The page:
“According to him, you can’t judge where exactly contractees will serve until the introduction of new tables of organization which they’ve promised to do in coming months.”

Sharp Cut in Contract Soldiers Coming

In the wake of General Staff Chief Makarov’s February admission that professional contract service had failed, a Defense Ministry source told Interfaks last week that contractees in noncombat positions will be sharply cut.  According to Newsru.com:

“It’s planned that by 1 July of this year only those specialists affecting combat readiness of military sub-units will remain in contract positions.”

He said this means combat vehicle commanders, driver-mechanics, gunner-operators, and other specialists, and civilians or conscripts will fill other contractee posts.  Lenta.ua noted the source didn’t specify how many contractees would be released or how many would remain.

Some of data cited referred back to a Vedomosti editorial about two weeks ago.  It said, under the 2003 Federal Targeted Program “Transition to Manning by Servicemen Conducting Military Service on Contract in Some Formations and Military Units” for 2004-2007, professional contract soldiers in permanent readiness units were to increase from 22,000 to 147,000 by 2008, and from 80,000 to 400,000 in the armed forces overall.  But in reality, there were only 100,000 in permanent readiness units by 2008, and only 200,000 in the Defense Ministry overall.  Meanwhile, the effort cost 84 billion rubles.  Vedomosti concluded:

“It seems the generals could not fulfill (or sabotaged) the directives of the country’s highest political leadership in peacetime.  Who will guarantee that the generals’ disobedience won’t be repeated in an emergency situation?”

“The Defense Ministry could not organize or make professional service in the army attractive and it sees as a way out stuffing the developing hole with a growing number of conscripts.  It’s understandable that the quality of these one-year draftee soldiers will be lower than that of contractees.”

“The abandonment of the move to a professional army promises many dismal consequences for Russia’s future.  Drafting 27-29-year-old higher educational institution graduates, who are in professional demand, could deliver significant damage to the economy and scratch the country’s modernization.”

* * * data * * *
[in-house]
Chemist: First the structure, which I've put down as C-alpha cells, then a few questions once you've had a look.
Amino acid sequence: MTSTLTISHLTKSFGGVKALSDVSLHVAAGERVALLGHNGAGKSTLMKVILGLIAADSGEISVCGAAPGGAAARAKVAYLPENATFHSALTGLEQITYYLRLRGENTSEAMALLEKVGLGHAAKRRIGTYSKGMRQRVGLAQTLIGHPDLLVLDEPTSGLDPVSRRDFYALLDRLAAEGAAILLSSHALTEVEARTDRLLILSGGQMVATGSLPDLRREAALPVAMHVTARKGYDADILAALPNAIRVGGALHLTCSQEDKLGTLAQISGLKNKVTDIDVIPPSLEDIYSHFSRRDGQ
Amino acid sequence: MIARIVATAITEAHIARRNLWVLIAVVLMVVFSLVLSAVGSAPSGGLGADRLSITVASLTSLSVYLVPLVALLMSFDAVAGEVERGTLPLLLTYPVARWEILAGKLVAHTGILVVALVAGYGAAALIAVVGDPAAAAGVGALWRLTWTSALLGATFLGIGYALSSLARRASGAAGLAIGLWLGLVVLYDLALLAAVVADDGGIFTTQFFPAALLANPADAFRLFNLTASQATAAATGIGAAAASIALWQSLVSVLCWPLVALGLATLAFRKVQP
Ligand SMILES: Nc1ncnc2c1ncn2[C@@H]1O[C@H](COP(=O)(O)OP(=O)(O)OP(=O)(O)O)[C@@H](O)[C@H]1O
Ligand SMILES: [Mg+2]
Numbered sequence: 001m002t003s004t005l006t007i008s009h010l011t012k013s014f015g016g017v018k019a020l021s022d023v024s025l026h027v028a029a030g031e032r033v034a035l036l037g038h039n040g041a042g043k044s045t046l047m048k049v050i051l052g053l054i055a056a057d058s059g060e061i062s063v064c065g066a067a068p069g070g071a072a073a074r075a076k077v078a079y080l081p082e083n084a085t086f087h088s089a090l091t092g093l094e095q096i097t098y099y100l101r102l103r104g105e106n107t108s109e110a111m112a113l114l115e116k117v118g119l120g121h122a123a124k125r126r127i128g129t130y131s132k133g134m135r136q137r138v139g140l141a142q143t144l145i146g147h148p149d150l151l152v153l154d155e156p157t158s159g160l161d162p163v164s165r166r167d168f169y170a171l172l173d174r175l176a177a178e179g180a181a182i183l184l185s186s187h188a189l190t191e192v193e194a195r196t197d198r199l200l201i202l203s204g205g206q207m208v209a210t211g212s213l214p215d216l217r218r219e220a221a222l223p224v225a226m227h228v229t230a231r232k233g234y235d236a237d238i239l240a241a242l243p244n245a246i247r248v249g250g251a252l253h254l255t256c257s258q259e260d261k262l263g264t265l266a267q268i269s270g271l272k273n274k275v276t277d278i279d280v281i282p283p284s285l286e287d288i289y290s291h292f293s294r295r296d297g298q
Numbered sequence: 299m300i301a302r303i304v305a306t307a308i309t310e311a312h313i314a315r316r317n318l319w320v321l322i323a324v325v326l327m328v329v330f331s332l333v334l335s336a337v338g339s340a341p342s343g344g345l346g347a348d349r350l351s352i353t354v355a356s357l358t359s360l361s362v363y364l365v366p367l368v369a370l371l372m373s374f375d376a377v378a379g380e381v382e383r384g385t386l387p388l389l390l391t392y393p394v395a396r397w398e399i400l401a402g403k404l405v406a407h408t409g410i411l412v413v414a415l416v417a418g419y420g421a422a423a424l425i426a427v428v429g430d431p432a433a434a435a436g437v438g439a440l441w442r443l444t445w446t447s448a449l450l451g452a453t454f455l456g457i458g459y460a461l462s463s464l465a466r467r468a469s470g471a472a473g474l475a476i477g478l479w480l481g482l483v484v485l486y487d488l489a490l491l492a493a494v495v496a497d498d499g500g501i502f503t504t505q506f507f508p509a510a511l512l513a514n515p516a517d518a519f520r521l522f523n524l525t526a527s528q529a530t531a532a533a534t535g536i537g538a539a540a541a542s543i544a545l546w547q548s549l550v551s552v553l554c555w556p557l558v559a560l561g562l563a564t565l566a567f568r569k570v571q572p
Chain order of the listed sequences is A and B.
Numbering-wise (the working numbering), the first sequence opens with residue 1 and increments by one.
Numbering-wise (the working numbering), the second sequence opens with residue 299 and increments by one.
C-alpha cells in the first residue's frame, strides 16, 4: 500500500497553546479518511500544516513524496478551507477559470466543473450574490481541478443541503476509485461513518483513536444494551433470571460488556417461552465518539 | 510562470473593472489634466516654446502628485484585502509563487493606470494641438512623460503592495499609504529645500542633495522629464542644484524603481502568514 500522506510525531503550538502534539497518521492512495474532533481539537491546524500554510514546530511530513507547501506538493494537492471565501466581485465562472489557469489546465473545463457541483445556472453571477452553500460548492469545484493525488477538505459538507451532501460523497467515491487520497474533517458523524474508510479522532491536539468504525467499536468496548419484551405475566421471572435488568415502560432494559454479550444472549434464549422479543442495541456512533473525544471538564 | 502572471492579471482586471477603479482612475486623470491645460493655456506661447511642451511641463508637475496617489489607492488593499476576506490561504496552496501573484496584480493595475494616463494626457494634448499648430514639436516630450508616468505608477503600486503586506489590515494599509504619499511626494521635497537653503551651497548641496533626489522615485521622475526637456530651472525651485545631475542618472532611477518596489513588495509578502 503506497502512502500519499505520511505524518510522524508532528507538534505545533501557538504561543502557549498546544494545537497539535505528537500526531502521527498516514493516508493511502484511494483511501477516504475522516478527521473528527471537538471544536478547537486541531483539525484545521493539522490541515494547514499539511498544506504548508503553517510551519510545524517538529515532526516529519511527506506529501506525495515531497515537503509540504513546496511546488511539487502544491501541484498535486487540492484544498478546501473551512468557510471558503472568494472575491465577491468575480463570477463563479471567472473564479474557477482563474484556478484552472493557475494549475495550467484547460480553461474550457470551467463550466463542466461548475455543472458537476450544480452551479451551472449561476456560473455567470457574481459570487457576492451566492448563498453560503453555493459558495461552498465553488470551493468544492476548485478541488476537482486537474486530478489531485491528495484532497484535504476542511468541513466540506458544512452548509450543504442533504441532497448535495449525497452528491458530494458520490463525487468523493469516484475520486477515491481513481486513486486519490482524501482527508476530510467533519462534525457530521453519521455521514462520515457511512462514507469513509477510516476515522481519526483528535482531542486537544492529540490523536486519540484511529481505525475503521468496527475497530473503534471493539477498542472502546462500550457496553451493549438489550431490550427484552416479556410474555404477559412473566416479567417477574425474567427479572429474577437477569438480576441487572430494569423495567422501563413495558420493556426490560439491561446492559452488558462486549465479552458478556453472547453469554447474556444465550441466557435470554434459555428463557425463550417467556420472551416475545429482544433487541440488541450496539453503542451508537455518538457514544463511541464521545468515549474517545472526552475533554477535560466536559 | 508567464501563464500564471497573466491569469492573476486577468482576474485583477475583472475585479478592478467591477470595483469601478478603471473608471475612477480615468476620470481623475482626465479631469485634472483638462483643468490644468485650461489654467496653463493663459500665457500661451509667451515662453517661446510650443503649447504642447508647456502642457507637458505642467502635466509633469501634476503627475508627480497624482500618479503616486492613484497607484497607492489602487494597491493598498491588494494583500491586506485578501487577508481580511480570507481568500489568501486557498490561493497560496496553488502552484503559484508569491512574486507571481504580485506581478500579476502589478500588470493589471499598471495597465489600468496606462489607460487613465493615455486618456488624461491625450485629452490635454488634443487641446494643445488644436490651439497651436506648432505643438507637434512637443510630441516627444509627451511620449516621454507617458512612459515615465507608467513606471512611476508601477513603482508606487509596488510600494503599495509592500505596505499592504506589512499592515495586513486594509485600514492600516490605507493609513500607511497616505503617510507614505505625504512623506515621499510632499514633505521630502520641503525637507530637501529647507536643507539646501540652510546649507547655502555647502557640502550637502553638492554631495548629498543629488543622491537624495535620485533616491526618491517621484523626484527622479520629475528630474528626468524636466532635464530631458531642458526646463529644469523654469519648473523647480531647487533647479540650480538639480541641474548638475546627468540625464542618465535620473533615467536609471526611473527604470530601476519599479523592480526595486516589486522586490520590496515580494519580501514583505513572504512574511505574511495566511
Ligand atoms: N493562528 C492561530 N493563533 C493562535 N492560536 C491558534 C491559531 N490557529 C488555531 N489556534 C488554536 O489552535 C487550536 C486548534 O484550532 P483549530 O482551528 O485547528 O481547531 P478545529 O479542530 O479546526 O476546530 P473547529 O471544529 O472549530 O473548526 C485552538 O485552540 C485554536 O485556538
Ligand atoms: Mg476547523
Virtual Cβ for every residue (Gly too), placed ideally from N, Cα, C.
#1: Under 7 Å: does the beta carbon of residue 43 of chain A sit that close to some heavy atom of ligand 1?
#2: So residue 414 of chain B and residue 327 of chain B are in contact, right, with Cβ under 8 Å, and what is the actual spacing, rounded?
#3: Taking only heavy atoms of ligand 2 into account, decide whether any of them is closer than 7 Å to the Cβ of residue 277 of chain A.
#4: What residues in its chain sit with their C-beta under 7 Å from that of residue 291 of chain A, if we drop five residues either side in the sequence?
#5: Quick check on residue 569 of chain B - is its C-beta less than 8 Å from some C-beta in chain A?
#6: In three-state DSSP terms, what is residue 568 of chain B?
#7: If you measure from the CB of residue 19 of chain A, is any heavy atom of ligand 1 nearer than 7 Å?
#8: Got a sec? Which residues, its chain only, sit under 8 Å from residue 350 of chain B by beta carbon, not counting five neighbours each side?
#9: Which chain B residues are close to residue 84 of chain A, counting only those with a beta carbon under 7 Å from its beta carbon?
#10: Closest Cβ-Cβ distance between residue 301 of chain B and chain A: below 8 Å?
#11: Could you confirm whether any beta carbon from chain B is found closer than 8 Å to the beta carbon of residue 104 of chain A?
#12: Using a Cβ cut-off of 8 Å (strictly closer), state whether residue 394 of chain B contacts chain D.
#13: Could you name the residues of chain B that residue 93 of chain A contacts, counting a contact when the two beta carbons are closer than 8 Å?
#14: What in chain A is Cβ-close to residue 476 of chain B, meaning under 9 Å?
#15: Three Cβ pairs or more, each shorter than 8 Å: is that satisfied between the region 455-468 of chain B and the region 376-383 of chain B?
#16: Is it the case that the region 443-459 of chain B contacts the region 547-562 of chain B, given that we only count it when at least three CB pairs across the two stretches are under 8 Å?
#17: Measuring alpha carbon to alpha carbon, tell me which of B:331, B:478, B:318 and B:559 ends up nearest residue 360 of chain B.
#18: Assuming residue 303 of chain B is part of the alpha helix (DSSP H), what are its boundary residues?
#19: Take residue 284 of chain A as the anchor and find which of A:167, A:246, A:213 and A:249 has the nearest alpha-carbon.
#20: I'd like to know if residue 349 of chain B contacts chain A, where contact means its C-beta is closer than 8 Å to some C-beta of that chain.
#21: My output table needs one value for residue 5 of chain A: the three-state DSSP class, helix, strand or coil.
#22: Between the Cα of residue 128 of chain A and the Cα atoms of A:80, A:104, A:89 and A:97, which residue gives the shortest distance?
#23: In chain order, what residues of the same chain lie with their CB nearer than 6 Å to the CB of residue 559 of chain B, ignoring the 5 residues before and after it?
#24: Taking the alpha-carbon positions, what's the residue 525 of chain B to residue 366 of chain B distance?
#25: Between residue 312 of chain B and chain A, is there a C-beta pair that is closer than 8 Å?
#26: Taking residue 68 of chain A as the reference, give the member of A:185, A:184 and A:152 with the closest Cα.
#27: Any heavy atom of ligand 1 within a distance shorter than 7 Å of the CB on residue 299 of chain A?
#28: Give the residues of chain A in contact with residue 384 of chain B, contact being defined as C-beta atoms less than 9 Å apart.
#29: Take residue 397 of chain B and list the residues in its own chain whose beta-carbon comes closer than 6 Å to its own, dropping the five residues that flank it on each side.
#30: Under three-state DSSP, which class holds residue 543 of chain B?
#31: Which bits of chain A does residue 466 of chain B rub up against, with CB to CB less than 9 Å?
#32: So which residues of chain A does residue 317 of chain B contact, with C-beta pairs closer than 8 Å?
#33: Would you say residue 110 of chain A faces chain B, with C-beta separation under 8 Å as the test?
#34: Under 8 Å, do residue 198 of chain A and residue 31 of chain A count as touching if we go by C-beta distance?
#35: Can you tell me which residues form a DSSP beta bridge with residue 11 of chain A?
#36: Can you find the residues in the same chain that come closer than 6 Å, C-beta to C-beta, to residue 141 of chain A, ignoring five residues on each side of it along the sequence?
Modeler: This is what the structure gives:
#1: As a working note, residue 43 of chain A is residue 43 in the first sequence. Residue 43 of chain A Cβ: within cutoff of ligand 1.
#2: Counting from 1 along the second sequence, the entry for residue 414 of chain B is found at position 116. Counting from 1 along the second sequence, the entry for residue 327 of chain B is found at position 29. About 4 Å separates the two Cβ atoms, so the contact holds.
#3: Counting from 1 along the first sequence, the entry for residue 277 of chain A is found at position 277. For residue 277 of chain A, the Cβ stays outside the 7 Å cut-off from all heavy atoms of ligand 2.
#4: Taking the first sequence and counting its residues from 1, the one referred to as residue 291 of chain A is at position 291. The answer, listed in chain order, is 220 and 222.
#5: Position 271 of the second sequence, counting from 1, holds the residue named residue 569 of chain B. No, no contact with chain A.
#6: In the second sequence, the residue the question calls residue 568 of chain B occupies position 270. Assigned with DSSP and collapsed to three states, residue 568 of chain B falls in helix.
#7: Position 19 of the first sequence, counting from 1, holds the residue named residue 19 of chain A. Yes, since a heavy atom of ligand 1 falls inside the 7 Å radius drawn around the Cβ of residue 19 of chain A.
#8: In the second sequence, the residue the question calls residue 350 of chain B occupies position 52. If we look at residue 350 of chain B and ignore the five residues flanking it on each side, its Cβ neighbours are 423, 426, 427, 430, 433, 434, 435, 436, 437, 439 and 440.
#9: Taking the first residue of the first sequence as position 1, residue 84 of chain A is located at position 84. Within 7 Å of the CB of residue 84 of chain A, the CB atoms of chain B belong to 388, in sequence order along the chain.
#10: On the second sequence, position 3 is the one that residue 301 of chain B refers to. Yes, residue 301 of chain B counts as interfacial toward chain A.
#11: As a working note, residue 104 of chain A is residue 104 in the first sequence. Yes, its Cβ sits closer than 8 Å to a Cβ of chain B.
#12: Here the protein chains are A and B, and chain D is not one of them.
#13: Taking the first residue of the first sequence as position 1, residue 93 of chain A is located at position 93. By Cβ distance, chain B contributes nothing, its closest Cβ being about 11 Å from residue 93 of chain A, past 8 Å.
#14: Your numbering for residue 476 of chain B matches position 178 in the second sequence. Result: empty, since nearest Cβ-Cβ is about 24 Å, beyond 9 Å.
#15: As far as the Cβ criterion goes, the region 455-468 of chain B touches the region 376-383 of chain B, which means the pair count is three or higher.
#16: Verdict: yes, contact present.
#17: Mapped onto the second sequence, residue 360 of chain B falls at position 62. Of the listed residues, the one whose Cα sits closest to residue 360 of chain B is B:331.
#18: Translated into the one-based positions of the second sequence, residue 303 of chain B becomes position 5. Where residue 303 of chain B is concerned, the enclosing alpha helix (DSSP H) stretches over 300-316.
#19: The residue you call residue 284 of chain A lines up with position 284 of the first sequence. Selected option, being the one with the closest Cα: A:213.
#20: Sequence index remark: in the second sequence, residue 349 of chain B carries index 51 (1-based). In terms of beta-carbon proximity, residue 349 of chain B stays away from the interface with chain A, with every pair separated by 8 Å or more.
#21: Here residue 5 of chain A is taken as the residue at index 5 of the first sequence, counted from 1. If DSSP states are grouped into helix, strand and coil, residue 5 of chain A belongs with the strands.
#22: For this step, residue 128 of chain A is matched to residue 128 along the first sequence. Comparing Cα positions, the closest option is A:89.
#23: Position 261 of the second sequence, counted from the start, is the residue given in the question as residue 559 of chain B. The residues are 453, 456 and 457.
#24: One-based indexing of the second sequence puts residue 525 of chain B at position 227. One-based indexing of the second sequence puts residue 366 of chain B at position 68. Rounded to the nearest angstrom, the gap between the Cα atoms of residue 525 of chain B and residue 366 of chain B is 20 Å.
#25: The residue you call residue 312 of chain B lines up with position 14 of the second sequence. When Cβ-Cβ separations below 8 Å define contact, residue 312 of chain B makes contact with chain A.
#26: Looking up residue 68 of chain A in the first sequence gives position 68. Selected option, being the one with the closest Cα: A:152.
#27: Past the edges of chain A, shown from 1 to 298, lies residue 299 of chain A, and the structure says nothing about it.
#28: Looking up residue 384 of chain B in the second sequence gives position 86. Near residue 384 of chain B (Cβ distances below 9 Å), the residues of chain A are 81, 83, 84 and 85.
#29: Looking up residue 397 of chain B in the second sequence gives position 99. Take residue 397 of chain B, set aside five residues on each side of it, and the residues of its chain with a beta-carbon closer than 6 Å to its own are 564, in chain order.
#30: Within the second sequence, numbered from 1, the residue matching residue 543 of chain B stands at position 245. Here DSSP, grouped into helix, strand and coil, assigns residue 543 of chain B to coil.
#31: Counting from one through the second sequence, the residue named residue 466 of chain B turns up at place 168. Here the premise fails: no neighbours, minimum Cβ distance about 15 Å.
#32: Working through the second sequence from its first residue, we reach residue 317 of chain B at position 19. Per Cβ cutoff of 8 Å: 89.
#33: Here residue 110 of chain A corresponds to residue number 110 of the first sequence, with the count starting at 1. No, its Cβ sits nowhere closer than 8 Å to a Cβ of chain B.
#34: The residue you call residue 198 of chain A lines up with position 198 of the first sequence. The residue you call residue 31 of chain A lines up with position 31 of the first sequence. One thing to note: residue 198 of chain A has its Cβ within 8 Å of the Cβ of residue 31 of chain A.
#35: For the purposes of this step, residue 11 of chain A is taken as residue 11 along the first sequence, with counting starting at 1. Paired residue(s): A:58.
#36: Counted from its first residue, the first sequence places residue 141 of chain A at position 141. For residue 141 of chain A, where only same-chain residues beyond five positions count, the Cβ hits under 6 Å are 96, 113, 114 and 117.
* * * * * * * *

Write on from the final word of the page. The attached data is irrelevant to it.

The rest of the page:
So what is to be done?

This spring the Defense Ministry floated several trial balloons to answer its manpower problems.  As Parlamentskaya gazeta reported, the chief of the Genshtab’s GOMU, Vasiliy Smirnov told the Federation Council last month that he wants to increase his conscription base by reducing student deferments, raising the upper limit of the call-up age from 27 to 30, lengthening the semiannual callup until it becomes almost perpetual, and requiring young men to report to voyenkomaty without a summons.  Reportedly, the Kremlin has approved some or all of these proposals.

The Genshtab has proposed cutting the number of VUZy with the right to provide students deferments.  Even though deferments were trimmed in the recent past, Russians still have 21 legal ways to postpone their military service.  Smirnov claimed over 2 million draftees, more than 60 percent of the overall number, legally ‘dodge’ the army with deferments, the vast majority of which are educational deferments.  He continued:

“The number of higher educational institutions in which study is a basis for the right to a draft deferment from military service has to be reduced in stages.  Already this year it would be advisable to cut the number of VUZy having the right to a deferment in half or even by 70 percent, keeping that right only for educational institutions having a state order.  An alternative option could be having students perform conscripted service after the first or second year of studies.  The Education Ministry made this study and sees no negative consequences.”